An international team of researchers has found evidence of this phenomenon in the neural networks associated with reward.
Johannes Frasnelli, a postdoctoral researcher and lecturer at the University of Montreal's Department of Psychology, said that the olfactory - thus non-verbal and non-visual - chemical signals for communication between mother and child are intense.
For their experiment, the researchers presented two groups of 15 women with the odours of others' newborns while the women were subjected to brain imaging tests.
The first group was composed of women who had given birth 3-6 weeks prior to the experiment, and the other group consisted of women who had never given birth. All the women were non-smokers. The odours of the newborns were collected from their pyjamas two days after birth.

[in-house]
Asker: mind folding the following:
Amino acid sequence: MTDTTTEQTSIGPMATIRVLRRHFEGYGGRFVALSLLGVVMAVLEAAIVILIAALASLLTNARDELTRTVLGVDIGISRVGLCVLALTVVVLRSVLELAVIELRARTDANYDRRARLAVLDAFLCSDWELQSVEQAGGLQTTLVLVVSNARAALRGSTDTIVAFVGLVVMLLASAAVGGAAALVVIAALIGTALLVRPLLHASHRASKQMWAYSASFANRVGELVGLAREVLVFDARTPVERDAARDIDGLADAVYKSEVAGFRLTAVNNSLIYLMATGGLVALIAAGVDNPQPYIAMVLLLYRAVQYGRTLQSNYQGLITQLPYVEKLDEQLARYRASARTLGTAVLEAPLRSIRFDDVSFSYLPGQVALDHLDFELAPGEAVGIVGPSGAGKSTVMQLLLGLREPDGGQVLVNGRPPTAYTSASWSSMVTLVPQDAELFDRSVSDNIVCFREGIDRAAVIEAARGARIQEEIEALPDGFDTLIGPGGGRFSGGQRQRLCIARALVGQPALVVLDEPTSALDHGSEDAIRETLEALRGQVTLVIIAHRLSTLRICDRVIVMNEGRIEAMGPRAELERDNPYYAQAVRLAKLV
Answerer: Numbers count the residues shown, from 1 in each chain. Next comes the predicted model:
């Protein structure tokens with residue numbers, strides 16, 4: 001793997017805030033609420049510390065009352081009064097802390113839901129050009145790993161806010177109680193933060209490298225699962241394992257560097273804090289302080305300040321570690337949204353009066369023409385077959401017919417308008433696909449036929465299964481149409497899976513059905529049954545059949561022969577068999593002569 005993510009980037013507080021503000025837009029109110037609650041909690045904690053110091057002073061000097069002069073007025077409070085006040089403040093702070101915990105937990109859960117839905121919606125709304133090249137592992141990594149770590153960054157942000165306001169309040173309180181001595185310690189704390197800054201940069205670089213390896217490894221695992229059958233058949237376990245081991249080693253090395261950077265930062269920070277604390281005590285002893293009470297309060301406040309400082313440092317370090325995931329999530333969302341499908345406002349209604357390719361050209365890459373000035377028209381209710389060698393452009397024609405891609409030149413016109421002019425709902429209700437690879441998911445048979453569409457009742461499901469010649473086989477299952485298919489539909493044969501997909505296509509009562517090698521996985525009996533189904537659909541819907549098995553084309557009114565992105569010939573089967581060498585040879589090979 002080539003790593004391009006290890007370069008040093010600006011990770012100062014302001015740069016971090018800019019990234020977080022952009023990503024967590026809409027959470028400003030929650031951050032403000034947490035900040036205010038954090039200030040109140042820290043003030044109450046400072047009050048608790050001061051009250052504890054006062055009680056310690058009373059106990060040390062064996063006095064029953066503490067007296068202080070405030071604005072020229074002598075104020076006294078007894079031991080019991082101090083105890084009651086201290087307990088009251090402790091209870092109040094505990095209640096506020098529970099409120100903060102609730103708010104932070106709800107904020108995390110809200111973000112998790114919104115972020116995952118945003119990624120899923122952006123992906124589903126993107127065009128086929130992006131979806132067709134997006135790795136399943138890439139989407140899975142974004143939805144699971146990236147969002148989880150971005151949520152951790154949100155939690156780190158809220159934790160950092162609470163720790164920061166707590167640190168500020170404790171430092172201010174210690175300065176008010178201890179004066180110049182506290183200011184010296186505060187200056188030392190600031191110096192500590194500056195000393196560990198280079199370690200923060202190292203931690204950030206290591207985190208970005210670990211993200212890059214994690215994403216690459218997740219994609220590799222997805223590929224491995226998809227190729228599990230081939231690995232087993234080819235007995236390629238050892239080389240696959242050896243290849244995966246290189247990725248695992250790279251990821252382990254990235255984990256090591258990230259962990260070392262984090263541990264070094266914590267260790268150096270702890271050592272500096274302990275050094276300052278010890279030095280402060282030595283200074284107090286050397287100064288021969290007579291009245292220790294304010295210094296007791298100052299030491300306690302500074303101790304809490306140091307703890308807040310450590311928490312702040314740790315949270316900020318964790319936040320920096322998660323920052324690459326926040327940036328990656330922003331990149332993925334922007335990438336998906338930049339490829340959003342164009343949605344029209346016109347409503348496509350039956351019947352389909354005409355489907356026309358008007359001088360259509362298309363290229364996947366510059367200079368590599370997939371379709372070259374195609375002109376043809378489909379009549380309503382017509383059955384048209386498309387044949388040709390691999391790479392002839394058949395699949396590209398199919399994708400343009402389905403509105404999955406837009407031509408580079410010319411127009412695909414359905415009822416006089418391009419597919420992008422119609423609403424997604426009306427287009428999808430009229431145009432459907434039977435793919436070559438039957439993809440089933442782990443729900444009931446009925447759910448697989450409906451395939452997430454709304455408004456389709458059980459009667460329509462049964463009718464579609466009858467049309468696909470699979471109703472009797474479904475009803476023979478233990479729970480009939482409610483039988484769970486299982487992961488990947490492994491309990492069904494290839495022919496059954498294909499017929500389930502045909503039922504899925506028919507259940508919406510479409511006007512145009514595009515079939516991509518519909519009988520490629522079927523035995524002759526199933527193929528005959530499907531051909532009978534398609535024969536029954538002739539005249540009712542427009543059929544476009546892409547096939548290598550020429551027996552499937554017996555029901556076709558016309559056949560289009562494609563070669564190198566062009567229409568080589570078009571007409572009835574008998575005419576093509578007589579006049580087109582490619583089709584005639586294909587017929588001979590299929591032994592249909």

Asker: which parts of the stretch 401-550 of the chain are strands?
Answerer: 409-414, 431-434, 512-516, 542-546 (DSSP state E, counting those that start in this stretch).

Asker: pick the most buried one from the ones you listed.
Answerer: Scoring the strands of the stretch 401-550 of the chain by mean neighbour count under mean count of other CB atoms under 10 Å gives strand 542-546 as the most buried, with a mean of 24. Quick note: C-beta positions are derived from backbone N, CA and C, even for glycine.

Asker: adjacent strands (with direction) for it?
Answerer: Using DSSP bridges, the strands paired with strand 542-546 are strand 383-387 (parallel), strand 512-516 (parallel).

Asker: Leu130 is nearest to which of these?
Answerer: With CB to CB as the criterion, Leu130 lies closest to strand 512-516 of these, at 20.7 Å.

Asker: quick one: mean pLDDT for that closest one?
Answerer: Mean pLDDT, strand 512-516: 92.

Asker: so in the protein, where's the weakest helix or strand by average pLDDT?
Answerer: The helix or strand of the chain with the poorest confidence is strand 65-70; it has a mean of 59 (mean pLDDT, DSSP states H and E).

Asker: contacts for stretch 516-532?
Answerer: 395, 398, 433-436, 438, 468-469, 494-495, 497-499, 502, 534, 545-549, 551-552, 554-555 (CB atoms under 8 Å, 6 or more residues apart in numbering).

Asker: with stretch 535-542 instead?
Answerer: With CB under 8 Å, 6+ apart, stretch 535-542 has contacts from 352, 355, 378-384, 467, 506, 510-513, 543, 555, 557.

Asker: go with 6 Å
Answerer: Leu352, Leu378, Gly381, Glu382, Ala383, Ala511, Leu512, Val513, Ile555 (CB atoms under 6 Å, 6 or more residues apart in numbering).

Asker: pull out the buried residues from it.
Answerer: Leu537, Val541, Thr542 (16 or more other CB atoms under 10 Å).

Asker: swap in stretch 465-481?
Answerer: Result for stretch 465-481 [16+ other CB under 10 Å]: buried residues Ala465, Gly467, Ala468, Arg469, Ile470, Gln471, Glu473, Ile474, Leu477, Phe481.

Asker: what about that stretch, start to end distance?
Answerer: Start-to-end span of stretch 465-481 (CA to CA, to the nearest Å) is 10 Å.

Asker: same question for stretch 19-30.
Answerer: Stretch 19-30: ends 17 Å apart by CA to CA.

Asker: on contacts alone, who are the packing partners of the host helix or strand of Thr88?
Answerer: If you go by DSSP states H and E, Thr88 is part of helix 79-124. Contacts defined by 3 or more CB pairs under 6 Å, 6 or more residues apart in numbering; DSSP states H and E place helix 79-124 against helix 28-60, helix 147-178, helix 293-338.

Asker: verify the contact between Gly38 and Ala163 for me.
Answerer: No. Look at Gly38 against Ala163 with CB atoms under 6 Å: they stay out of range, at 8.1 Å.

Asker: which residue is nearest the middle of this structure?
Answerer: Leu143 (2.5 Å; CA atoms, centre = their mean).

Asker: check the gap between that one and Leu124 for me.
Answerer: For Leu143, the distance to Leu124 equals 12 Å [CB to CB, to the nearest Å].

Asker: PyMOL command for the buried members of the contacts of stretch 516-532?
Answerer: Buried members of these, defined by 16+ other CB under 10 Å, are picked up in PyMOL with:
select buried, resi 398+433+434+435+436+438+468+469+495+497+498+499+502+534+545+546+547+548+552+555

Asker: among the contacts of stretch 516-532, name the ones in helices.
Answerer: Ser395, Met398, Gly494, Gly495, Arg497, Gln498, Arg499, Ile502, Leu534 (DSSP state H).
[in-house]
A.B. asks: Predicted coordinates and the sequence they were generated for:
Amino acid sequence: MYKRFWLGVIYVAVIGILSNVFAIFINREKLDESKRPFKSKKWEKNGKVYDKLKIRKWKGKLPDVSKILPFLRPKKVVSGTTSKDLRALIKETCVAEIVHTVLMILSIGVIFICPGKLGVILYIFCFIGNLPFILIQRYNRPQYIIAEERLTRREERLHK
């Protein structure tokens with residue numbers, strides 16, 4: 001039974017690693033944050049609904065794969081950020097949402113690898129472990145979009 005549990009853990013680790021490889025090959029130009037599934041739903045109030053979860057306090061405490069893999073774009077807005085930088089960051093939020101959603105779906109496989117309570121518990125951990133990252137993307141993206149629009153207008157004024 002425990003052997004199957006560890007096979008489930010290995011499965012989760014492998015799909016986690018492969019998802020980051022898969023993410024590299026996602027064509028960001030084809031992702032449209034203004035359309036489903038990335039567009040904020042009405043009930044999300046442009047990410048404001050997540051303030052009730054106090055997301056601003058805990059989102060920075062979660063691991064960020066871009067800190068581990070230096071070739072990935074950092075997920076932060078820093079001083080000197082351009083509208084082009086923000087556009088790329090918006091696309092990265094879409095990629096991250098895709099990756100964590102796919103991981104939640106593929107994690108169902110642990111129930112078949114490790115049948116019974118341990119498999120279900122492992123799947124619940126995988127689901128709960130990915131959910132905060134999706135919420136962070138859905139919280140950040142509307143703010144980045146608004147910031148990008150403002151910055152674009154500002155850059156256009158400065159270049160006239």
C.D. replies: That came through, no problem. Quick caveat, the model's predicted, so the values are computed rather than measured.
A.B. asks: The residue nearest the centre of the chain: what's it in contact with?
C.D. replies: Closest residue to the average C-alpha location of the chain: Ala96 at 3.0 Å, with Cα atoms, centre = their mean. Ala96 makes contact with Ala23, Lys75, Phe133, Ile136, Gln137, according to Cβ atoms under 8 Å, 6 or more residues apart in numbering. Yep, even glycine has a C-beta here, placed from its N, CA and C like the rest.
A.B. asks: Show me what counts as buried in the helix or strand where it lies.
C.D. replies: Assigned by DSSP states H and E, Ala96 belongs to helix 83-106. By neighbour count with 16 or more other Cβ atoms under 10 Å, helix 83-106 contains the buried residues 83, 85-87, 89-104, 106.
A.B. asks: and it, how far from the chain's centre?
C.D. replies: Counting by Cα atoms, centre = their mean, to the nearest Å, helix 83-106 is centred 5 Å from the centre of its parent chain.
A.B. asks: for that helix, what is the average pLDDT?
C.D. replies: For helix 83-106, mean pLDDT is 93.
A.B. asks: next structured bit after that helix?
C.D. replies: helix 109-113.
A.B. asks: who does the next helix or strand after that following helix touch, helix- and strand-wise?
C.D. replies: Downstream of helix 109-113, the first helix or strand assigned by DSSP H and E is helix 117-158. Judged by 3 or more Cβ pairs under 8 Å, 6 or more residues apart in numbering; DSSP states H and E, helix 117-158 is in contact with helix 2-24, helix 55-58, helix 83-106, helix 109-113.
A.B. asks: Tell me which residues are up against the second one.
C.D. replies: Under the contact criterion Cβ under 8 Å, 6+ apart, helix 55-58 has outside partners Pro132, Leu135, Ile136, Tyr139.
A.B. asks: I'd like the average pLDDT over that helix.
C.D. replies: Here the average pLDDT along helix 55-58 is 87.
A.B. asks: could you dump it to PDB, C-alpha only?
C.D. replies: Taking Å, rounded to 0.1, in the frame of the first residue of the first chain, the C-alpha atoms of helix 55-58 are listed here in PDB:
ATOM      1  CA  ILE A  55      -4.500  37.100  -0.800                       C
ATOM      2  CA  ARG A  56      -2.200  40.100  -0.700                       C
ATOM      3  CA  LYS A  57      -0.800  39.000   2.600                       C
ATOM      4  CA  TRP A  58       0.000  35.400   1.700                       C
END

Although the women in both groups perceived the odour of newborns with the same intensity, brain imaging showed greater activation in the dopaminergic system of the caudate nucleus of mothers compared to the women who had never given birth.
Located in the centre of the brain, the caudate nucleus is a double structure straddling the thalamus in both hemispheres.
This system reinforces the motivation to act in a certain way because of the pleasure associated with a given behaviour.
Frasnelli said that this circuit makes us desire certain foods and causes addiction to tobacco and other drugs and not all odours trigger this reaction.
The results are published in the September 5, 2013 issue of the journal Frontiers in Psychology.
--ANI (Posted on 25-09-2013)